For years, analysts have been waiting for Target to make a bigger statement in food to help differentiate it from others in the highly competitive grocery market.

On Monday, the Minneapolis retailer finally revealed one of its cards: a new flagship private-label food brand called Good & Gather that will replace its longtime store brands Archer Farms and Simply Balanced. The more value-focused Market Pantry line will be reduced as well.

The new line will be Target's largest in-house brand across its store with more than 2,000 products to be rolled out over the next 18 months. It is expected to become a multibillion-dollar line and is the latest example of the Minneapolis retailer's strategy to develop and refresh its brand portfolio to offer more items consumers can't find anywhere else.

With Good & Gather, Target expects to increase its overall penetration of private-label sales in grocery, signaling that some national brands might get less shelf space in the process.

"We did a ton of guest research" in developing Good & Gather, said Stephanie Lundquist, who stepped into a newly created role of president of food and beverage at Target in January. "One of the things we heard is that they're time-starved, so they want ease and convenience. They don't want to have to worry if there are ingredients or additives they don't want. But above all else, they want great taste at an affordable price."

With those guiding principles in mind, Target stepped up the rigor of its taste-testing and hired more food experts and scientists to help develop the products. Those employees worked out of a new test kitchen at the company's Nicollet Mall headquarters.

The new line, which has been in the works for a couple of years, will be free of artificial flavors and sweeteners, synthetic colors and high-fructose corn syrup. Some of the products will be similar to their Archer Farms and Simply Balanced counterparts, with some upgrades. For example, the lime flavor in the Simply Balanced sparkling water was reformulated to taste better in the Good & Gather version.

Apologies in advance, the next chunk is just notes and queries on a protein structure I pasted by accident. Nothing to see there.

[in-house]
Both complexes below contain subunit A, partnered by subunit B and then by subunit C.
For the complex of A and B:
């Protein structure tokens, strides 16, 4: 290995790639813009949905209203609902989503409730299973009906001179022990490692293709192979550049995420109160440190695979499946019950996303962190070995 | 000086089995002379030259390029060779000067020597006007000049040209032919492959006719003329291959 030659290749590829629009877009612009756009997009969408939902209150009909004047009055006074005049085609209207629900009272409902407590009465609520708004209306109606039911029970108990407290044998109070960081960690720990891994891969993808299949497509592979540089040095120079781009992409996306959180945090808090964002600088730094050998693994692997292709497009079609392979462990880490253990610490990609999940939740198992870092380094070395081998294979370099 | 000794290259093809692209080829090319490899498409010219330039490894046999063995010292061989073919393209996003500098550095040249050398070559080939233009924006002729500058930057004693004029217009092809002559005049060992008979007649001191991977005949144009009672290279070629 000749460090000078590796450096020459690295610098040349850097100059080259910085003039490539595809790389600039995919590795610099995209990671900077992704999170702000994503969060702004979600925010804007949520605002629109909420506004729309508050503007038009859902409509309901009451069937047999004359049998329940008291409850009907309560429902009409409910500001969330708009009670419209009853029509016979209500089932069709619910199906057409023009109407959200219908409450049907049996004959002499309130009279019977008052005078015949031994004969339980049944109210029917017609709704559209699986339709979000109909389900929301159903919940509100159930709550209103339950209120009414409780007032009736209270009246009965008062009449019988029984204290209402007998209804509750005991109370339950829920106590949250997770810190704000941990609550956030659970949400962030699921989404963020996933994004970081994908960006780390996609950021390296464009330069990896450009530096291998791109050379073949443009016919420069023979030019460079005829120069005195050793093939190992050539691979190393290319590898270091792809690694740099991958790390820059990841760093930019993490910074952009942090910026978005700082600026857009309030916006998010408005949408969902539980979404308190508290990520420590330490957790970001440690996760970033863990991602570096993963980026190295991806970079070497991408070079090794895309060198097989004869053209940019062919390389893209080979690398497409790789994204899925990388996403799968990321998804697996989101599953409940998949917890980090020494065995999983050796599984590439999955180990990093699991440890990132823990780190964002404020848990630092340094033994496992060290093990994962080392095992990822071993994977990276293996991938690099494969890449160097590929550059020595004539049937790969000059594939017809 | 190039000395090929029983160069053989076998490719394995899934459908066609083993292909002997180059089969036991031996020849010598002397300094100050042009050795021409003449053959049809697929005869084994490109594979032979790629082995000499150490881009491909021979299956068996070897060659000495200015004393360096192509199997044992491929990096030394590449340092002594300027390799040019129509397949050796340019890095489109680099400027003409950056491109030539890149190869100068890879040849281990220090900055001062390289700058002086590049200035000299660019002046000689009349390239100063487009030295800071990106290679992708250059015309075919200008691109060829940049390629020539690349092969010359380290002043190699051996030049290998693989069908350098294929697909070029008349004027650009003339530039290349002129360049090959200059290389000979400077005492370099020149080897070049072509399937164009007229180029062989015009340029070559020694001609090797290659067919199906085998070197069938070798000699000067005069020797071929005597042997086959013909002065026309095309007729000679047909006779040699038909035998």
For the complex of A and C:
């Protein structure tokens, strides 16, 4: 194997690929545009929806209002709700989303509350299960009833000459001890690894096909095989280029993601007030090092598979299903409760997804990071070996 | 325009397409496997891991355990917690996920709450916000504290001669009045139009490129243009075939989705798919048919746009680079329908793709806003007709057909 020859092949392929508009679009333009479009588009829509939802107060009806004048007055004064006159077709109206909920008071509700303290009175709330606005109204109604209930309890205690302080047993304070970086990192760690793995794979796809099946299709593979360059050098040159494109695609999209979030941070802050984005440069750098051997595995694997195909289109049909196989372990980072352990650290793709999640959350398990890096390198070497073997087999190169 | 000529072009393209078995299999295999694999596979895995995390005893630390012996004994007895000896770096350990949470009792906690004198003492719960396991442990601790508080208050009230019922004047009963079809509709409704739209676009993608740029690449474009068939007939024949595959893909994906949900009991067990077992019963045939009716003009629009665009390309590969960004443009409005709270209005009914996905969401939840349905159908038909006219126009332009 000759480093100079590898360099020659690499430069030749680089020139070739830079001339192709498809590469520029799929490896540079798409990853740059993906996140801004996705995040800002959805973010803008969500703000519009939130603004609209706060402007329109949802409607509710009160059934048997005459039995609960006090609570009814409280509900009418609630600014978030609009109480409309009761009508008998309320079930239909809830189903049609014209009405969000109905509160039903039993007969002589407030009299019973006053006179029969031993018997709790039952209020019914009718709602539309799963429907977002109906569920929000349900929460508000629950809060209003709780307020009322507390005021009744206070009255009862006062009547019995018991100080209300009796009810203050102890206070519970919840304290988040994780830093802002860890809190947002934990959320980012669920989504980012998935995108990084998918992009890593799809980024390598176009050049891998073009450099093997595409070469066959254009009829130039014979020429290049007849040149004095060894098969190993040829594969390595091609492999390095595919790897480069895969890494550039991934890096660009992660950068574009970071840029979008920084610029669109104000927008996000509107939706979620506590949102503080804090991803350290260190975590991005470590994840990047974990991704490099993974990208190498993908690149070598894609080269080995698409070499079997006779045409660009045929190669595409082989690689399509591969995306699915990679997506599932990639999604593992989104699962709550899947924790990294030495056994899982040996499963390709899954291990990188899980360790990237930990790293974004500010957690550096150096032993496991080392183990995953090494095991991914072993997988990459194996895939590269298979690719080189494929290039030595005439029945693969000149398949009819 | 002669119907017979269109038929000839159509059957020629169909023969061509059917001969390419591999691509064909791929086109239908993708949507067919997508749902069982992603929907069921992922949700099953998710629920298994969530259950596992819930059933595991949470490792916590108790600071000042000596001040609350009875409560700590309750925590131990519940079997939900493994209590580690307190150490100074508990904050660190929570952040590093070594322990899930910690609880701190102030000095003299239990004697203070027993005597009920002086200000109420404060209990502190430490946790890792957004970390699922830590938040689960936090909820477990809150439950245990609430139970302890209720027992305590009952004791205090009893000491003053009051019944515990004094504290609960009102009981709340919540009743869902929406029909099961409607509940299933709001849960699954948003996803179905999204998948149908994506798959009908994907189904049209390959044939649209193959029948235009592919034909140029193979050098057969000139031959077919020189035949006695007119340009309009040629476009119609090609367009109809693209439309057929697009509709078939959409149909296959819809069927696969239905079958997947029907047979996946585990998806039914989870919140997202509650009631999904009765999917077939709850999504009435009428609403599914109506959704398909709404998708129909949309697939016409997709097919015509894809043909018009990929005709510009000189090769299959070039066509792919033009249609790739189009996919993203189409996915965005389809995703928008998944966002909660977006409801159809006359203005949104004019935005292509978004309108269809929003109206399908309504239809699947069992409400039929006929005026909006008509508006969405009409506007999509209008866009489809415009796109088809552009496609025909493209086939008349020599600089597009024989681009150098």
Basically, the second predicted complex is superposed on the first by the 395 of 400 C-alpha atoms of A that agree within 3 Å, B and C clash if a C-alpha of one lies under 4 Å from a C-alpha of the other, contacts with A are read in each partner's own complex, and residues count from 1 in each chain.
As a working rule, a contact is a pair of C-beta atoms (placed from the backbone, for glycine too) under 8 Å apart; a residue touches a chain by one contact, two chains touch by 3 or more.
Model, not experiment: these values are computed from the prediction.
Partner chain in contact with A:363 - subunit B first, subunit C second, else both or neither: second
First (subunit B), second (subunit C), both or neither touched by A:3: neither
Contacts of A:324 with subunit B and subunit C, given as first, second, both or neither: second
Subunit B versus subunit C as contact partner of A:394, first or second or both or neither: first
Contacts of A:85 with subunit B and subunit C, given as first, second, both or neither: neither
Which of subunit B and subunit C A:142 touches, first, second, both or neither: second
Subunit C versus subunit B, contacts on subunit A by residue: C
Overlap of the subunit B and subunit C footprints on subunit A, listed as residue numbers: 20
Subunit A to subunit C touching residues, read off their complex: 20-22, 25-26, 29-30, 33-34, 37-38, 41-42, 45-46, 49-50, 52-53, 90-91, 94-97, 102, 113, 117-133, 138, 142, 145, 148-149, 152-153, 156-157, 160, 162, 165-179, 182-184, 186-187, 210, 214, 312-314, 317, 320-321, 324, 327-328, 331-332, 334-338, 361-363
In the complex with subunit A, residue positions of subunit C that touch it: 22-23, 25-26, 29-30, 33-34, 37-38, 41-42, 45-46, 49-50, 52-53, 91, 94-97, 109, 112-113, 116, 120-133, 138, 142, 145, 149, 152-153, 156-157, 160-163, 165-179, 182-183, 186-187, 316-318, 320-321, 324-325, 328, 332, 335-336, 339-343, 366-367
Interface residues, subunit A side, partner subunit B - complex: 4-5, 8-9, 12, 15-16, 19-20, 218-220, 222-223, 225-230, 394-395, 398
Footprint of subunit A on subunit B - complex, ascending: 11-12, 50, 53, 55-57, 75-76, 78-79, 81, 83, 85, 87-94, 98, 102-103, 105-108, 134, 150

Other products are completely new and are aimed at better addressing the changing tastes of today's consumers, such as avocado toast salad kits (with the mini-toasts serving as croutons) and beet hummus.

"We have some tried-and-true products within our owned brand portfolio that our guests absolutely love," said Lundquist. "But we also saw an opportunity to make it a lot easier for them to shop our food and beverage area by having a flagship brand, and that makes it a lot simpler to know what they're getting."

Private-label brands, which tend to be cheaper, have been growing in popularity in recent years, particularly as their stigma has faded, especially among younger shoppers, and as retailers have improved their quality. Sales of private-label foods have risen 11% since 2015, compared with 4% for national brands, according to the market research firm Nielsen.

Store brands also are more profitable for retailers than selling national brands.